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Do you have cats at home? Are you a susceptible pregnant or a concerned significant other?
Cats can be potentially dangerous to pregnant women. Yes, these cute little pets can possibly harm your unborn baby because they can transmit a parasitic infection called “Toxoplasmosis”.
So, should we get rid of our cats? No. Toxoplasmosis can be prevented without having to sacrifice our beloved pet. Expanding our knowledge about this condition and its transmission process would definitely help us in its prevention.
What Is Toxoplasmosis?
Toxoplasmosis is a parasitic infection caused by Toxoplasma gondii, a protozoan. Data gathered by the Centers for Disease Control and Prevention (CDC) indicate that approximately 11% of the US population (6 years old and above) has been infected with toxoplasmosis. This protozoan seem to survive better in humid and hot climate making the incidence rate higher in other parts of the globe, infecting around 95% of the population.
How Can We Acquire The Disease?
There are four major routes of transmission for the disease:
- Through contaminated food – eating undercooked and raw meat products that are contaminated by toxoplasma can get a person infected
- Rare instances of infection through organ transplant and accidental laboratory mishandling
- Congenital – the mother can transmit the disease to the unborn fetus through the bloodstream causing congenital abnormalities which could be fatal to the child
- Animal to human transmission – this is also where cats play a vital role
Talking about cats, they are the major culprits in the animal to human transmission of toxoplasmosis. This is the primary reason why under certain conditions, they can be dangerous to pregnant women.
- A cat gets infected by eating infected small animals like rats.
- Millions of toxoplasma oocysts will be shed through the cat’s feces.
- Any person who accidentally comes in contact and ingest the oocyst will become infected. This maybe in the form of a contaminated fruit/vegetable from the garden, infected drinking water or by accidentally ingesting the oocyst after touching the cat’s litter box.
- Pregnant women who are not immune (meaning they were not infected prior to pregnancy), may get sick and they may or may not show the symptoms of the disease. However, toxoplasma will reproduce inside their body and infect the fetus through the bloodstream. This will cause severe congenital abnormalities in the unborn child.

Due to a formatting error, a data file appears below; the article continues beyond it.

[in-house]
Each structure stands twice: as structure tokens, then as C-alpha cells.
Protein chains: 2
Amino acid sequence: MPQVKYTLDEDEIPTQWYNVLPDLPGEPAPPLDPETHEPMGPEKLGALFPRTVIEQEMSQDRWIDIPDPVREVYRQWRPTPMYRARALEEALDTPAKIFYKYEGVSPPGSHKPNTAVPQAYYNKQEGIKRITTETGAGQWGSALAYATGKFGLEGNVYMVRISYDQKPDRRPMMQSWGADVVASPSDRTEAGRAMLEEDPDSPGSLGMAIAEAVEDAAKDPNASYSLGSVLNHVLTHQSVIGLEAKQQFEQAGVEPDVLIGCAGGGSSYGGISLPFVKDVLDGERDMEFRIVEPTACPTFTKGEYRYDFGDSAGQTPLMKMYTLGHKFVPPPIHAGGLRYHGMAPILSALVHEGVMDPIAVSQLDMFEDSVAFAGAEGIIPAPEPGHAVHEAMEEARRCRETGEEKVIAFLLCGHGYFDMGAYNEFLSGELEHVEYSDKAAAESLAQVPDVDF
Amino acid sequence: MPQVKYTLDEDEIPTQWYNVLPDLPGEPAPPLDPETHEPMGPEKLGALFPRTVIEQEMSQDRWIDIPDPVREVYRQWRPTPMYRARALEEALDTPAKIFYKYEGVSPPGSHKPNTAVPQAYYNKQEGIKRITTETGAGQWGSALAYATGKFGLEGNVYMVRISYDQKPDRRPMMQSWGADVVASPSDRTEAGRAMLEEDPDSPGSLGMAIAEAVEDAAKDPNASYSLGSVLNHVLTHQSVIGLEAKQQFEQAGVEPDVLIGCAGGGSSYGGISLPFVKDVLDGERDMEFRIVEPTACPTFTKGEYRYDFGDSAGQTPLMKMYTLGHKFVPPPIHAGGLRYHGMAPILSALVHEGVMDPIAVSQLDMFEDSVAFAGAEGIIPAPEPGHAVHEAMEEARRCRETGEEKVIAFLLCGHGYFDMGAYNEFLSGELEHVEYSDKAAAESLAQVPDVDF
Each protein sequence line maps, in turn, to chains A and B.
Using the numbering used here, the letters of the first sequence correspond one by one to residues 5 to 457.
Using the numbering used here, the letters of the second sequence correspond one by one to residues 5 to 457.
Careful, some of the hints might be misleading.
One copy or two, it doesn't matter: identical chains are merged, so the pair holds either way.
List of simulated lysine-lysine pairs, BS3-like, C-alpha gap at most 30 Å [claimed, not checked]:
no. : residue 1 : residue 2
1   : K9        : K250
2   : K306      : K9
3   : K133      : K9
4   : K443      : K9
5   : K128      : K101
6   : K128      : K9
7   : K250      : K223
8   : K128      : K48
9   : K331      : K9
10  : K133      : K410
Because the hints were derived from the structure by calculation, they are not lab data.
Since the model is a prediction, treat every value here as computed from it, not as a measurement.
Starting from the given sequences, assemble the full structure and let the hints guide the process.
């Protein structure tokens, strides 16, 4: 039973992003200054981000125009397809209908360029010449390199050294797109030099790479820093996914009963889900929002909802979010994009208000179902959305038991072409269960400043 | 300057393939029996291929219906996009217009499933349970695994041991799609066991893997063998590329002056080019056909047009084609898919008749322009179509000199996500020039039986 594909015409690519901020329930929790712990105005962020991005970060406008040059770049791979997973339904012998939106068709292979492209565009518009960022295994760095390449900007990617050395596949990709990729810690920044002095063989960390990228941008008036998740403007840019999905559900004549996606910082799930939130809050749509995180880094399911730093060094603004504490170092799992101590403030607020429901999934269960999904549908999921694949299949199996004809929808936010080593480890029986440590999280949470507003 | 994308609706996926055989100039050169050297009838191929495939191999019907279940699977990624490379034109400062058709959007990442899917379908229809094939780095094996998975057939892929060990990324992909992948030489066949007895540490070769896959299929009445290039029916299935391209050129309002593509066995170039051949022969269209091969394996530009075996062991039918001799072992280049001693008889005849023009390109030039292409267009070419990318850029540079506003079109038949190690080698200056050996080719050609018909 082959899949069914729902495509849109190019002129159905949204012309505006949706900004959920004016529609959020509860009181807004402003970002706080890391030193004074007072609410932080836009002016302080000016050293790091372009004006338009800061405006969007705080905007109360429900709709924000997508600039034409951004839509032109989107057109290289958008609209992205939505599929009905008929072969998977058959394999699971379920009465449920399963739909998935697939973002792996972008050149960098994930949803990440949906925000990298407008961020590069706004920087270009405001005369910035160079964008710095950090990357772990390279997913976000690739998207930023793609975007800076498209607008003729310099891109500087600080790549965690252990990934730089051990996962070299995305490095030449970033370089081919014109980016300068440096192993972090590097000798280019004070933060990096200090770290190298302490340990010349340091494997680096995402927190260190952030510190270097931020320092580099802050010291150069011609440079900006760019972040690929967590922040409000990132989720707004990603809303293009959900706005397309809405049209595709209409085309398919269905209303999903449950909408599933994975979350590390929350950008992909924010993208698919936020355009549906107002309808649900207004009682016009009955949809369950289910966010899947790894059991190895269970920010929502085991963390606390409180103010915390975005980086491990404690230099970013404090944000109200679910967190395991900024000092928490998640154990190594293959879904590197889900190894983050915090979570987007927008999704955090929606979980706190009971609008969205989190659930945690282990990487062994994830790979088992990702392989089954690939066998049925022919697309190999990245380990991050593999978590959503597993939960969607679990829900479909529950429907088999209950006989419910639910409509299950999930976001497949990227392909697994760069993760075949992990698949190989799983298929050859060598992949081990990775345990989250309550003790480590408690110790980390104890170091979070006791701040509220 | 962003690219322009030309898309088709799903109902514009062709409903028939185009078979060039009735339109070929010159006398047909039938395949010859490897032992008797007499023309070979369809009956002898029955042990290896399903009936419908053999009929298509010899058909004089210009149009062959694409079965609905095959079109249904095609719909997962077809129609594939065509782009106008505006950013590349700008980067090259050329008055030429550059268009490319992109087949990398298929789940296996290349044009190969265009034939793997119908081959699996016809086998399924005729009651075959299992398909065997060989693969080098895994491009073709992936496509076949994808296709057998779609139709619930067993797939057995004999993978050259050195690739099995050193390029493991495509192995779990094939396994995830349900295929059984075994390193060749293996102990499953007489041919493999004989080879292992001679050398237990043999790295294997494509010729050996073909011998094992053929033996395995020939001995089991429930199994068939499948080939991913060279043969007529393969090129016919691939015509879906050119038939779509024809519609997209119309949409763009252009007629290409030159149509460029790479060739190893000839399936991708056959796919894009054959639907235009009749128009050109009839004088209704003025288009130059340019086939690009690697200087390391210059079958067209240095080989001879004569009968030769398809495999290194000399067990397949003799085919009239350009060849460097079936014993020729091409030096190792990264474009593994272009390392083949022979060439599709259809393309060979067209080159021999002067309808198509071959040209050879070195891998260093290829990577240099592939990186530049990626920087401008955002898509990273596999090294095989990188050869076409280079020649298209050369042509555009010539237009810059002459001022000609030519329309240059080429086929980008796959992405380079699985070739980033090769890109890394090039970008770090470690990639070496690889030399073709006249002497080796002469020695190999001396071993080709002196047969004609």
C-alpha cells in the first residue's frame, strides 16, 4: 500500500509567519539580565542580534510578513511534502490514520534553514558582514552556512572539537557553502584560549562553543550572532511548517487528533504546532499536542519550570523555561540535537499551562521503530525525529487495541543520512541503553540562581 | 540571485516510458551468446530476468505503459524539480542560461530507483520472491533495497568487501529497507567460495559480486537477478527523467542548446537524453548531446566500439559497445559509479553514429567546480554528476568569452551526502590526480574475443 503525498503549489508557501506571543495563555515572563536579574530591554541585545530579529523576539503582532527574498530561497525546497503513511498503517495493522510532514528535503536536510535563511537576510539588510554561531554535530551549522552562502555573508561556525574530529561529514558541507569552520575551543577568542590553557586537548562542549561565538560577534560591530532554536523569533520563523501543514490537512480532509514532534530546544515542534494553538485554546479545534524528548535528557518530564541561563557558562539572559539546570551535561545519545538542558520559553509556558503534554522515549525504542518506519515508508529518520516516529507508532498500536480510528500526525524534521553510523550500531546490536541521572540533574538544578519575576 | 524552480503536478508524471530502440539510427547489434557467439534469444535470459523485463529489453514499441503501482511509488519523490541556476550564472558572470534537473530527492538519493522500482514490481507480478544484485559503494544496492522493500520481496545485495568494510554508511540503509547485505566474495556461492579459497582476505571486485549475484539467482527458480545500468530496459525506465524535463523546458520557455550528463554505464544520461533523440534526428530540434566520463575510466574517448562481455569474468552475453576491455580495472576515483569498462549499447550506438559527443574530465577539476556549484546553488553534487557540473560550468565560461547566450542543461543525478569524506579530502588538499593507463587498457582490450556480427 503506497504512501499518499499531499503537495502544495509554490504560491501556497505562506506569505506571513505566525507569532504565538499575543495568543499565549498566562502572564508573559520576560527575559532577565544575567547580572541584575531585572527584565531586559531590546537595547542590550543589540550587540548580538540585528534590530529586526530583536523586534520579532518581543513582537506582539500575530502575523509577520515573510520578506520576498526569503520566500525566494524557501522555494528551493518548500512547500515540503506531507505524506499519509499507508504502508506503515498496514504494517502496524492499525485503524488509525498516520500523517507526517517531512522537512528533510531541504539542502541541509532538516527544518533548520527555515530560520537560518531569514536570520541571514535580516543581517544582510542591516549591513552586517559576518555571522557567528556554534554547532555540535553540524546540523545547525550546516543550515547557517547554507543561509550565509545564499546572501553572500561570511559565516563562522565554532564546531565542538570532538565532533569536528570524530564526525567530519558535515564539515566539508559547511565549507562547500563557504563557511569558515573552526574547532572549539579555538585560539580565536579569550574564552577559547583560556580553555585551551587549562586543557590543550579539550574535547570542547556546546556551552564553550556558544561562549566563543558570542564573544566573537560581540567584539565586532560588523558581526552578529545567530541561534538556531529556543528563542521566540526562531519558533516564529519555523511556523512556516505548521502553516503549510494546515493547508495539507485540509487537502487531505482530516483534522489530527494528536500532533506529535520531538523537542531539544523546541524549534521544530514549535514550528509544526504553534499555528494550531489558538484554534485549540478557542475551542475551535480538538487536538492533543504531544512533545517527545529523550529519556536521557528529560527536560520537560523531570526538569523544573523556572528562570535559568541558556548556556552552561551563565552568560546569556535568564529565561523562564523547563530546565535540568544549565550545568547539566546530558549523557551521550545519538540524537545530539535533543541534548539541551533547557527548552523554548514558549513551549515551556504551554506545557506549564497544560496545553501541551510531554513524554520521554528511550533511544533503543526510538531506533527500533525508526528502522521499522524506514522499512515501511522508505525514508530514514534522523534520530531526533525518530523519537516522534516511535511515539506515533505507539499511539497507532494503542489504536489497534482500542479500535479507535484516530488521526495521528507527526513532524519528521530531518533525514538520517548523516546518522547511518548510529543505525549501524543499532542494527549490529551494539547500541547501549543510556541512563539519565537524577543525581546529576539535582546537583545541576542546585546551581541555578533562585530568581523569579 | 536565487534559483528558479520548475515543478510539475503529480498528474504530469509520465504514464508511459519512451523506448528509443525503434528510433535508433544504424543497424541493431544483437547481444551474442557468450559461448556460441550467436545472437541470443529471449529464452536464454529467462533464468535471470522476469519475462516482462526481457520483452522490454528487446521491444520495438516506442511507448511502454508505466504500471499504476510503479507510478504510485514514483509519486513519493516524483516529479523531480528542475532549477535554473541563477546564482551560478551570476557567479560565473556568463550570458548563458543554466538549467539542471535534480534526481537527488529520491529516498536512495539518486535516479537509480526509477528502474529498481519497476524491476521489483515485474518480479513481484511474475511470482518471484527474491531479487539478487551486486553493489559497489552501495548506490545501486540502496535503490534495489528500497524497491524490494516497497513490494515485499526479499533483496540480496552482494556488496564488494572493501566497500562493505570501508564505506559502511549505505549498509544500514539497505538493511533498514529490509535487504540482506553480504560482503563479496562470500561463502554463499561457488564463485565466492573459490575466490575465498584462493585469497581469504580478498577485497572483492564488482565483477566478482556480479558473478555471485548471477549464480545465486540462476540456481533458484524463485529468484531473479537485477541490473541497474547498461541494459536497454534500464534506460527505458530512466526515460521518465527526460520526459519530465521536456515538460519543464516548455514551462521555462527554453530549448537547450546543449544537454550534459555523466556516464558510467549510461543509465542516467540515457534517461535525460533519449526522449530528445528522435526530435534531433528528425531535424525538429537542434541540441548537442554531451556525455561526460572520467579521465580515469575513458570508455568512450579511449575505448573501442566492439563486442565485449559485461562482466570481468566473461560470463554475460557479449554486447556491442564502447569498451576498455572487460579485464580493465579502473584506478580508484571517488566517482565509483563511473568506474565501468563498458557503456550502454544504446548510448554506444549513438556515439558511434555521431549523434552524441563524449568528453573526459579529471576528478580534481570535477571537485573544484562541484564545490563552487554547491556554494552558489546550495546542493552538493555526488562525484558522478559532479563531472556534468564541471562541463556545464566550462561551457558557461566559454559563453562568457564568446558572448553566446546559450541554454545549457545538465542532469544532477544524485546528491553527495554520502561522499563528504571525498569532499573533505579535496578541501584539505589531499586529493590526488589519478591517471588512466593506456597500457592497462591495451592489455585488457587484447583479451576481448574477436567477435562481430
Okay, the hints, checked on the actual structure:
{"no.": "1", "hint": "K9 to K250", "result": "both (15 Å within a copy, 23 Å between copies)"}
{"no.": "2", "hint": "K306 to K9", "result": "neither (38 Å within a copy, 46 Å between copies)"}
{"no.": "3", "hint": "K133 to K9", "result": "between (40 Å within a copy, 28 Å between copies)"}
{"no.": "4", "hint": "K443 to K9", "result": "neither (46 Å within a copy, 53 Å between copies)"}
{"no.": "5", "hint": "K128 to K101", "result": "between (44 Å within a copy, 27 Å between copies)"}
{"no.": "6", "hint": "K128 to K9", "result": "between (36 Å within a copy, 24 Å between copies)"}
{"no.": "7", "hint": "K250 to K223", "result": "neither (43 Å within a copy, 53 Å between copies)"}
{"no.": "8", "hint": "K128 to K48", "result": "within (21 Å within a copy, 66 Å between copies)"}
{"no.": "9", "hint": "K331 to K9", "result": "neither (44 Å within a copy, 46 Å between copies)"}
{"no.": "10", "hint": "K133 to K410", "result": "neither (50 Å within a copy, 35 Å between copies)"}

- Pregnant women who had the infection at least six months before the current pregnancy are considered immune and may not worry about getting the infection again. Immunity can also be passed down from the mother to the fetus, so the chance of the child getting the infection is slim.
I Have A Cat And I Am Pregnant. How Can I Prevent The Infection?
The good news is that toxoplasmosis is a highly preventable condition. Good hygiene practices along with proper sanitation and handling of the cat’s feces can lead to the effective prevention of the disease. Pregnant women need to be extra careful not to touch and ingest anything which may be contaminated by the cat’s fecal material.
Here are some tips to help you avoid getting the infection:
- Proper hand washing. Wash hands thoroughly with soap and water before meals and after handling items which are potentially contaminated by your cat’s feces. Examples are gardening tools and outdoor slippers.
- Be meticulous in washing fresh fruits and vegetables. It is also suggested to peel them prior to eating them.
- Prepare your food carefully. Cooking them in high temperature will prevent you from ingesting any oocyst that may be present in the food.
- Use soap and hot water in washing the kitchen tools that may have come in contact with raw meat.
- Use disposable gloves when gardening or if you can’t avoid touching the cat’s litter box.
- Have someone else do the cleaning of the cat’s litter box.
- Clean the litter box daily. The oocyst is known to be infectious from day 1 to 5.
- Keep your cat indoors to prevent it from eating infected rodents.
- Get some commercial cat feeds for your pet.
- Cover your outdoor sandboxes.
- Consult a doctor immediately when you suspect you have the infection. Treatments as well as a close monitoring of your baby are necessary.
- Do not get a new cat while pregnant or when planning to become pregnant. They may potentially harbor the parasite without you knowing it.
- Do not touch or get near stray cats or kittens.
- Do not feed your cat with undercooked or raw meats.
- Do not drink untreated water or water from an unknown supply.
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